INDICATOR: June Supply Managers' Manufacturing Index
KEY DATA: ISM (Manufacturing): 50.9 (up 1.9 points); New Orders: up 3.1 points; Employment: down 1.4 points
IN A NUTSHELL: "Manufacturing is bouncing back but without more hiring it is not clear the economy can pick up much speed."
WHAT IT MEANS: The spring slump may be coming to an end, I hope. Manufacturing activity seems to be on the rise as the Institute for Supply Management's index of activity now shows that the sector is growing rather than contracting. The report was pretty good as orders and production both moved from the red into the black. Export demand was surprisingly strong and imports were up solidly as well. Firms are stocking more inventories, hopefully in expectation of greater growth. But there were also some cautionary numbers. Hiring was weak with fewer companies indicating they were adding to their workforces. The index, which has been coming down for two years, turned negative for the first time since September 2009. That is not good news as we need more hiring and greater income growth if this economy is to accelerate. In addition, order books continue to thin. It will be hard to maintain the gains in production if backlogs disappear.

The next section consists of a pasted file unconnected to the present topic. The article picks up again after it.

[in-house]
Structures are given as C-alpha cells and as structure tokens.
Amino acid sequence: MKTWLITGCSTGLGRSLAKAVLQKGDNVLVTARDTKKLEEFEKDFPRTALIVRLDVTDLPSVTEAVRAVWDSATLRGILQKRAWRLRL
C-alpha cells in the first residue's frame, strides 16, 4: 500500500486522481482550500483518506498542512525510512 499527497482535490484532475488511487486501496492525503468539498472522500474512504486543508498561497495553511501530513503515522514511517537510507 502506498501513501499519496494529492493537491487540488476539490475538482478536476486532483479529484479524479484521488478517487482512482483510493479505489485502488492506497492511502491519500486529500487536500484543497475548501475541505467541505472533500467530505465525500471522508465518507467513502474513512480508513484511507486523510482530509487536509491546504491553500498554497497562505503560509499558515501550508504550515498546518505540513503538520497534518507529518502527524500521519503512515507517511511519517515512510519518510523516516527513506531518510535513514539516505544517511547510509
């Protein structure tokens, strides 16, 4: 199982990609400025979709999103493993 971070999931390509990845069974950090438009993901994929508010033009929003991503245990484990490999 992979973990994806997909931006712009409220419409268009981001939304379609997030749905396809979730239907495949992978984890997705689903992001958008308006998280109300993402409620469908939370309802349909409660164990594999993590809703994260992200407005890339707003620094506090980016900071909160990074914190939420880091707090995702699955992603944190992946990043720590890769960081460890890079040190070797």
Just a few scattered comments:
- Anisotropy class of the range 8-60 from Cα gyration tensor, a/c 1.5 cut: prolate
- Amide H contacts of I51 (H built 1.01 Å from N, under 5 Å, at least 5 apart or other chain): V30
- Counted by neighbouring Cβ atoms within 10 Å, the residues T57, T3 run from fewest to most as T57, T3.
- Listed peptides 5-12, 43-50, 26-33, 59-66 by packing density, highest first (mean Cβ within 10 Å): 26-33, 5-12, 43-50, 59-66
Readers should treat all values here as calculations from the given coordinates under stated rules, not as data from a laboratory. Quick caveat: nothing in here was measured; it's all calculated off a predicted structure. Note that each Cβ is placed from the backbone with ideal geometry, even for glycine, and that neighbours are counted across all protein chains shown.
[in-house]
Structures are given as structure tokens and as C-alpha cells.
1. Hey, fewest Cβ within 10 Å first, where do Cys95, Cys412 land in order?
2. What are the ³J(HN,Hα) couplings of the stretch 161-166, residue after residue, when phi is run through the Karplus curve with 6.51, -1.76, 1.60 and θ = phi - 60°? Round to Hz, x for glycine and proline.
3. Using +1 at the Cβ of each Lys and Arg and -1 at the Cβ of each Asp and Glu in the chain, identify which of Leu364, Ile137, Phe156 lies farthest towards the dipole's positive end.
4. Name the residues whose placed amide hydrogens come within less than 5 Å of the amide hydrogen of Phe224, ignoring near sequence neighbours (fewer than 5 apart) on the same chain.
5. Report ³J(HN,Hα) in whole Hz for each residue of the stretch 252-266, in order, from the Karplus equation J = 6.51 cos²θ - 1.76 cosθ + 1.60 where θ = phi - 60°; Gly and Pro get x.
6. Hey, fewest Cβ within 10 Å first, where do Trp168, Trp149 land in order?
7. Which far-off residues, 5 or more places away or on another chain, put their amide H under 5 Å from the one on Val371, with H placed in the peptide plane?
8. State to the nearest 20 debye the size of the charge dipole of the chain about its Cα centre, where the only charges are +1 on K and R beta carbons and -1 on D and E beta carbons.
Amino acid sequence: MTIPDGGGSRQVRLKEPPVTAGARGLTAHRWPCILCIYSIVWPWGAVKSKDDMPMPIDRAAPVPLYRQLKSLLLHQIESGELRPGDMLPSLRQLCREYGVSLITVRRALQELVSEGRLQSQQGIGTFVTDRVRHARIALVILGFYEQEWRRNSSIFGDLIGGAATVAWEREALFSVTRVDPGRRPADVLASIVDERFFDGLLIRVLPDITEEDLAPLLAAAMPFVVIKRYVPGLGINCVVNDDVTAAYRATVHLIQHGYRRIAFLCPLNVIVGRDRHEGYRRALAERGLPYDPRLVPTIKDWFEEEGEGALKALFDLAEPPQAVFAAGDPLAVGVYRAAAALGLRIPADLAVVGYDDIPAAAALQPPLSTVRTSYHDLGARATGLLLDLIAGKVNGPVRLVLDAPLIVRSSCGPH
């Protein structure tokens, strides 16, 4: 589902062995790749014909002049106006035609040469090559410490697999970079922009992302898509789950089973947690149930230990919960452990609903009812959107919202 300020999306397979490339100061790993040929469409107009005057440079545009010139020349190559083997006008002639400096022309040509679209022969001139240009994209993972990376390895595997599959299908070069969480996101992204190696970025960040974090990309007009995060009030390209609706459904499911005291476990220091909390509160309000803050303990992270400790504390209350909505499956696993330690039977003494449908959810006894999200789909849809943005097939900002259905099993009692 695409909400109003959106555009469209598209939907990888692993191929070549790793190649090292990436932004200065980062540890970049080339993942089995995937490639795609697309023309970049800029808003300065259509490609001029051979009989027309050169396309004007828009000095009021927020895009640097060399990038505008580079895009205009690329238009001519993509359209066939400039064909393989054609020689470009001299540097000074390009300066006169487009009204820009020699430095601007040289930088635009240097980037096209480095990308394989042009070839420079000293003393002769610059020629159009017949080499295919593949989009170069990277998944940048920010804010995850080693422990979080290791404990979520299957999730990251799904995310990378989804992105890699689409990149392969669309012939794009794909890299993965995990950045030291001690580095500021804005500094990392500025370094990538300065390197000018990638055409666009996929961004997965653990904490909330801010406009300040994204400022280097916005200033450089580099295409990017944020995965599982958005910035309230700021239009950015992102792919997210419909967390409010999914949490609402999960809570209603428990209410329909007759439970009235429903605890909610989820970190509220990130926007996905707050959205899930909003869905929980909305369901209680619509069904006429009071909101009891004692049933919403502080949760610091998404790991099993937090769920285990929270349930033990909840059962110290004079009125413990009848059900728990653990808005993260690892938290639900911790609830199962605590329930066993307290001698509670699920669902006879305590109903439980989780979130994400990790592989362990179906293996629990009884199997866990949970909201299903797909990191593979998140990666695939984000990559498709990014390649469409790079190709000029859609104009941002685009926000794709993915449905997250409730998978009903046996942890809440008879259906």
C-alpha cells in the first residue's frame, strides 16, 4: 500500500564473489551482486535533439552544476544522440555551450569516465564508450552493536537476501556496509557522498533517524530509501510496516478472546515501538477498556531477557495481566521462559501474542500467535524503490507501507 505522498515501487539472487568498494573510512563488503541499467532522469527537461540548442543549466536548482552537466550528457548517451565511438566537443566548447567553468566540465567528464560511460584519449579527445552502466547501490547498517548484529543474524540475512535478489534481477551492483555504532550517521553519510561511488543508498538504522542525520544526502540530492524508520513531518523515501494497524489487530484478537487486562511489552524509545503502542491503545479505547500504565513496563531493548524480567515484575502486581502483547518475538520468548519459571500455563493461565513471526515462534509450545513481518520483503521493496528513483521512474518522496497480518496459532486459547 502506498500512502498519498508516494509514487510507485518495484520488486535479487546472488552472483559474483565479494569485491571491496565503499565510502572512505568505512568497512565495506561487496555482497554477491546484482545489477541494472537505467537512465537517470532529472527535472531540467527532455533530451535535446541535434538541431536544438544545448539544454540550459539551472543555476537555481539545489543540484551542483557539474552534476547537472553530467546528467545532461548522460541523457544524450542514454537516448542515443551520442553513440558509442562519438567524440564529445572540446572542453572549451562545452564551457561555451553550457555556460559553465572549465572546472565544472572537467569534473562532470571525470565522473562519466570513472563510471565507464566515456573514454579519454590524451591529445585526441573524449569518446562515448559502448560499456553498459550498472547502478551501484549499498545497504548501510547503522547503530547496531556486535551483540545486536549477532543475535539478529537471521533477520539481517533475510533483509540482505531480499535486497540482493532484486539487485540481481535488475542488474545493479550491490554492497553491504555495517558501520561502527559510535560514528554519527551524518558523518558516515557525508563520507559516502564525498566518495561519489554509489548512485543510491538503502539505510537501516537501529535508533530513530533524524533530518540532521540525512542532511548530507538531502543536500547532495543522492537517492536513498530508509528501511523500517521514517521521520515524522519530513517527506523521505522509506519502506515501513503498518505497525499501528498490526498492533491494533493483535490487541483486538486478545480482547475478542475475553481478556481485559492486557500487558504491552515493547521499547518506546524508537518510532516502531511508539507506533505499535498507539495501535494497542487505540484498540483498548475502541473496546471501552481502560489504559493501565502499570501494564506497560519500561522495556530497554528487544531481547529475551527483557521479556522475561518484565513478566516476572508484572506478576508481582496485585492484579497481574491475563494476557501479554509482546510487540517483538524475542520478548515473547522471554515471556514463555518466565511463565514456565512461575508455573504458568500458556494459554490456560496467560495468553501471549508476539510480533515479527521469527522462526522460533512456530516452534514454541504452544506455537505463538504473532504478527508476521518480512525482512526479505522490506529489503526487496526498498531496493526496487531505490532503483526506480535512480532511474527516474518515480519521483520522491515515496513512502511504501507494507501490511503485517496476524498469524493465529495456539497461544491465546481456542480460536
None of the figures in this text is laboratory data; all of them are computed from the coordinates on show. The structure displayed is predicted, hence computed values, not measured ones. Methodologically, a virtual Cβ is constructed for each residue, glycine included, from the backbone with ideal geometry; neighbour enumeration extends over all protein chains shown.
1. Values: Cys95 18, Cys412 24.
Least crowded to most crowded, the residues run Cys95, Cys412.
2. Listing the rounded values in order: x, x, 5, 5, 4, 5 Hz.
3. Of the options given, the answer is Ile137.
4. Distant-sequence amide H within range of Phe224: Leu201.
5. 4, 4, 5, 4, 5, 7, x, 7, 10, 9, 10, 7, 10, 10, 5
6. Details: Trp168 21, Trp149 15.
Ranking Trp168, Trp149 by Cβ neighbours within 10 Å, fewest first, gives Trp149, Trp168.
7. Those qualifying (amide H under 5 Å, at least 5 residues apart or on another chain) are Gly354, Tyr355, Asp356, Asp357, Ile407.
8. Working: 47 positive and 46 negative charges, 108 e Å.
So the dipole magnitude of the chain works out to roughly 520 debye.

MARKETS AND POLICY IMPLICATIONS: Despite problems in Europe and China, the U.S. economy continues to grow. It looks like a rebounding manufacturing sector will help keeps things on the upswing. But the pace is not anything great and with job gains not at a level where income growth would be strong, the economy needs some help. Exports are not likely to lead the way so we have to fall back to what we do best, which is to spend. But that cannot happen if wages and salaries continue to be so tightly controlled. In addition, if the sequestration effects worsen during the summer, as expected, we could be in for another quarter of mediocre economic activity. The hope is that with the deficit narrowing sharply, maybe the drive to cut government spending no matter what the cost will wane. Ending sequestration in the new budget that begins in October rather than continuing it could provide the energy needed to get us over the hump. But first there is the June employment report that comes out on Friday. Will anyone be watching the day after July 4th? Got me. Regardless, it should give us an indication about wages and income and that is what I will be watching most closely when the report comes out.